The Pulitzer Prize winners for 2014 were announced on Monday, April 14, and among them was this year’s Fiction prize winner Donna Tartt for her novel The Goldfinch. The list of winners through the years since the inception of the Pulitzers in 1917 is an interesting one and seems to vary a great deal from many “great books” lists such as Modern Library’s 1oo Best Novels or TIME Magazine’s ALL-TIME 100 Novels. Many of the older Pulitzer winners are titles we recognize and still read today such as Ernest Hemingway’s The Old Man and the Sea and To Kill a Mockingbird by Harper Lee. Other titles are less well known such as Scarlet Sister Mary by Julia Peterkin, which won in 1929 and is set among the Gullah people of South Carolina, or Conrad Richter’s pioneer saga The Town.
The first Pulitzer Prize for Fiction was awarded in 1918 and you’ll find a complete list of winners here. If you want to learn more I recommend The Pulitzer Prize Thumbnails Project site, which is full of interesting facts about the prize and has a neat link that will take you to the author Harry Kloman’s brief descriptions of each and every winning book.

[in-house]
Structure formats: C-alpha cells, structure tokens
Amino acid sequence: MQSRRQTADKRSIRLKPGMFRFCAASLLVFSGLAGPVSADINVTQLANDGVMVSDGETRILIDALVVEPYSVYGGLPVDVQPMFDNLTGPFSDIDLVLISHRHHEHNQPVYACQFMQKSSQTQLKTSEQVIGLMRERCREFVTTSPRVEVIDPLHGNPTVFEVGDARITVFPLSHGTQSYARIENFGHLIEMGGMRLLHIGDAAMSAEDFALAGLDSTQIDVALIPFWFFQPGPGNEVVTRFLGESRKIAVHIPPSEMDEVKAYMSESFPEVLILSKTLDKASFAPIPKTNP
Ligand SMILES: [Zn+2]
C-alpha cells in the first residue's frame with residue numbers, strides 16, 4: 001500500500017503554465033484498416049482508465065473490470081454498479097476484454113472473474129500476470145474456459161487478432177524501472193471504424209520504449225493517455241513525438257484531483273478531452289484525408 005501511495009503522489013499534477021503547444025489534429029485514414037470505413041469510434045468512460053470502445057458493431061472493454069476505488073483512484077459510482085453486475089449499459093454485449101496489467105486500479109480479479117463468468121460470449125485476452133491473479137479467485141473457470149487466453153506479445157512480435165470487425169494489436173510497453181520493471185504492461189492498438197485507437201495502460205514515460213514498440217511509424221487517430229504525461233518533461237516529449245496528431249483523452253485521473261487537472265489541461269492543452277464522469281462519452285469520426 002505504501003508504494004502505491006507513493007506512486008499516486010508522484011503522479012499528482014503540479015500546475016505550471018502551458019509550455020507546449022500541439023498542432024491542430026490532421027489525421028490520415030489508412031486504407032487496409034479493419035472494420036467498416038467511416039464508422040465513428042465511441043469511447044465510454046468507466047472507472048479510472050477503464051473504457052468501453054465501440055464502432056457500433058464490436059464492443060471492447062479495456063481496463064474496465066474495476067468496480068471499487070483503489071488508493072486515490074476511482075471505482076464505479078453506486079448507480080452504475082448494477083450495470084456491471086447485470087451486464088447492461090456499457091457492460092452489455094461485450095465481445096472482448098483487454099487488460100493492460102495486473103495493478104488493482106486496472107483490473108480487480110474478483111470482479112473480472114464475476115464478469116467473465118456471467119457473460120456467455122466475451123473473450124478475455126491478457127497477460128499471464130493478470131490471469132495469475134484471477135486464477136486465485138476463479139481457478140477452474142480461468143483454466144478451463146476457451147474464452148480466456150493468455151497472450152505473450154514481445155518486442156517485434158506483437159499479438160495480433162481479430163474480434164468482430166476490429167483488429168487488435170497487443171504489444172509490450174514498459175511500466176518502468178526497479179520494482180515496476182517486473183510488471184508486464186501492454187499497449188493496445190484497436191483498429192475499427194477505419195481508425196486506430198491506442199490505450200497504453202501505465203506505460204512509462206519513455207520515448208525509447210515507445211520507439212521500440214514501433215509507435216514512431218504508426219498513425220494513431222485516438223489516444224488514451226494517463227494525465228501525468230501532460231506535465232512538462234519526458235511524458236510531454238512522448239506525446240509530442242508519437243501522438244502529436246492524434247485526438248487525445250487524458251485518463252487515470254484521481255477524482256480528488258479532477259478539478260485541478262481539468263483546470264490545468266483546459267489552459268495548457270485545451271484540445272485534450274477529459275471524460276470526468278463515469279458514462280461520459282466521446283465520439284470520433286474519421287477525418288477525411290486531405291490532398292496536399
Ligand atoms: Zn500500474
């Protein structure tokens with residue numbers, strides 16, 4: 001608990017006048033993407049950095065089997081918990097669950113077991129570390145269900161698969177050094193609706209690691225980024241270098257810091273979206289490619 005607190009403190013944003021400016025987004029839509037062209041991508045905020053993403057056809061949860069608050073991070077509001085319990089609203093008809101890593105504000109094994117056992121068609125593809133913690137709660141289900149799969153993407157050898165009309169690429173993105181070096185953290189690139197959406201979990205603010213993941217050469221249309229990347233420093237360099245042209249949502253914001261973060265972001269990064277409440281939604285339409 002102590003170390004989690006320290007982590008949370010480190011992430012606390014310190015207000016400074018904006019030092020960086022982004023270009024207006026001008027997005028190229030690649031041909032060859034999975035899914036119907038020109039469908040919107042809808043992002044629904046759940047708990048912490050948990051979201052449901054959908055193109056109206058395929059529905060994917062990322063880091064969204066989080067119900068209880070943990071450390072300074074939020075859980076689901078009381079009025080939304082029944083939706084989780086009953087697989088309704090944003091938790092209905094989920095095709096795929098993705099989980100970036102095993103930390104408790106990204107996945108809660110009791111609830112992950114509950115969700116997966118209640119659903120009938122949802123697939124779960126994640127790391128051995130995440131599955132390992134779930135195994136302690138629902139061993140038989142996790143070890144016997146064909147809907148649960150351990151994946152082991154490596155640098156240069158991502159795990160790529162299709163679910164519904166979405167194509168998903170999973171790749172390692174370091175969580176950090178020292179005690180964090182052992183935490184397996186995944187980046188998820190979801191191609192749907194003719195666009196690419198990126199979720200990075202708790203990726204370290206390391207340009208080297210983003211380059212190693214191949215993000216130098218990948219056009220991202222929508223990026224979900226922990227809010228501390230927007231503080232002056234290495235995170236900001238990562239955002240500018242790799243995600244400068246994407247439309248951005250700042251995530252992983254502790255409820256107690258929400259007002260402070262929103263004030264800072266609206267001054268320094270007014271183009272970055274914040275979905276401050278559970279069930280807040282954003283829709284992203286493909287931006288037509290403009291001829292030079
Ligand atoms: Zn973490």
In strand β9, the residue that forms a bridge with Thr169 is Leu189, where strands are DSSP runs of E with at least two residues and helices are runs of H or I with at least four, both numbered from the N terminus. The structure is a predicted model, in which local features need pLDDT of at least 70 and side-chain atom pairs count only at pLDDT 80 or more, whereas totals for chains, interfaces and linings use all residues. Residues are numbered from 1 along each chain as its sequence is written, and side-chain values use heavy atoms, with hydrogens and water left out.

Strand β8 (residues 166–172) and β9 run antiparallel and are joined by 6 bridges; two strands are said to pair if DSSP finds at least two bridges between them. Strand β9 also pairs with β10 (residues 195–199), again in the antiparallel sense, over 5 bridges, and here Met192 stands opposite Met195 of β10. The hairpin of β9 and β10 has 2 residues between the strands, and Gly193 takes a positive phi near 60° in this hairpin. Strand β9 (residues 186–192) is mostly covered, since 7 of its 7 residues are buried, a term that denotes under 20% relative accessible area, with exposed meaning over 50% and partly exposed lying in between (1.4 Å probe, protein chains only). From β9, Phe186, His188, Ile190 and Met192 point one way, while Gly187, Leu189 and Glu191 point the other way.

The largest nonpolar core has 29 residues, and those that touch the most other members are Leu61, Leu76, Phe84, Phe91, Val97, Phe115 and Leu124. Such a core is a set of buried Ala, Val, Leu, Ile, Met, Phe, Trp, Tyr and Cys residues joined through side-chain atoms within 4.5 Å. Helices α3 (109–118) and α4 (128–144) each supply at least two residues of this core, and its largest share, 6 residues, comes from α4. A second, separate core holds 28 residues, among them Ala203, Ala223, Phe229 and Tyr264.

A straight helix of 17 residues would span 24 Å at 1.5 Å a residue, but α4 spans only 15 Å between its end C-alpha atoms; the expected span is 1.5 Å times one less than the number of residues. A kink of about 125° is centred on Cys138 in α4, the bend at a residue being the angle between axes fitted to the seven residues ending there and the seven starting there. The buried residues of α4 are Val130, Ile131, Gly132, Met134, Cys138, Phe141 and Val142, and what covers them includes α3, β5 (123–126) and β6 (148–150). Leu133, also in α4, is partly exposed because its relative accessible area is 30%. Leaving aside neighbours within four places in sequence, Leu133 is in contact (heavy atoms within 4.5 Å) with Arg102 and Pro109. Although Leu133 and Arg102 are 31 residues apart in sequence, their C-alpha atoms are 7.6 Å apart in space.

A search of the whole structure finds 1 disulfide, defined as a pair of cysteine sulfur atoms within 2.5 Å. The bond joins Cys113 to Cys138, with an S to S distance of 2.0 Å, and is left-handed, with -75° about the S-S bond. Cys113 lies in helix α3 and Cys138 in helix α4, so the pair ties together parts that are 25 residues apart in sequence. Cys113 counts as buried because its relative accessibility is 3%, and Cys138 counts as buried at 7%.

Of course so much of this awarding of prizes has a large measure of subjectivity operating within the process and in the ultimate decisions. I expect plenty of people over the years have disagreed with the Pulitzer panel’s choices. I know I have. I tried to reread John Kennedy Toole’s A Confederacy of Dunces, which won the prize in 1981, a few years ago and just could not get through it.
Do you pay attention to prize winners? Have you ever read a prize winner and been disappointed?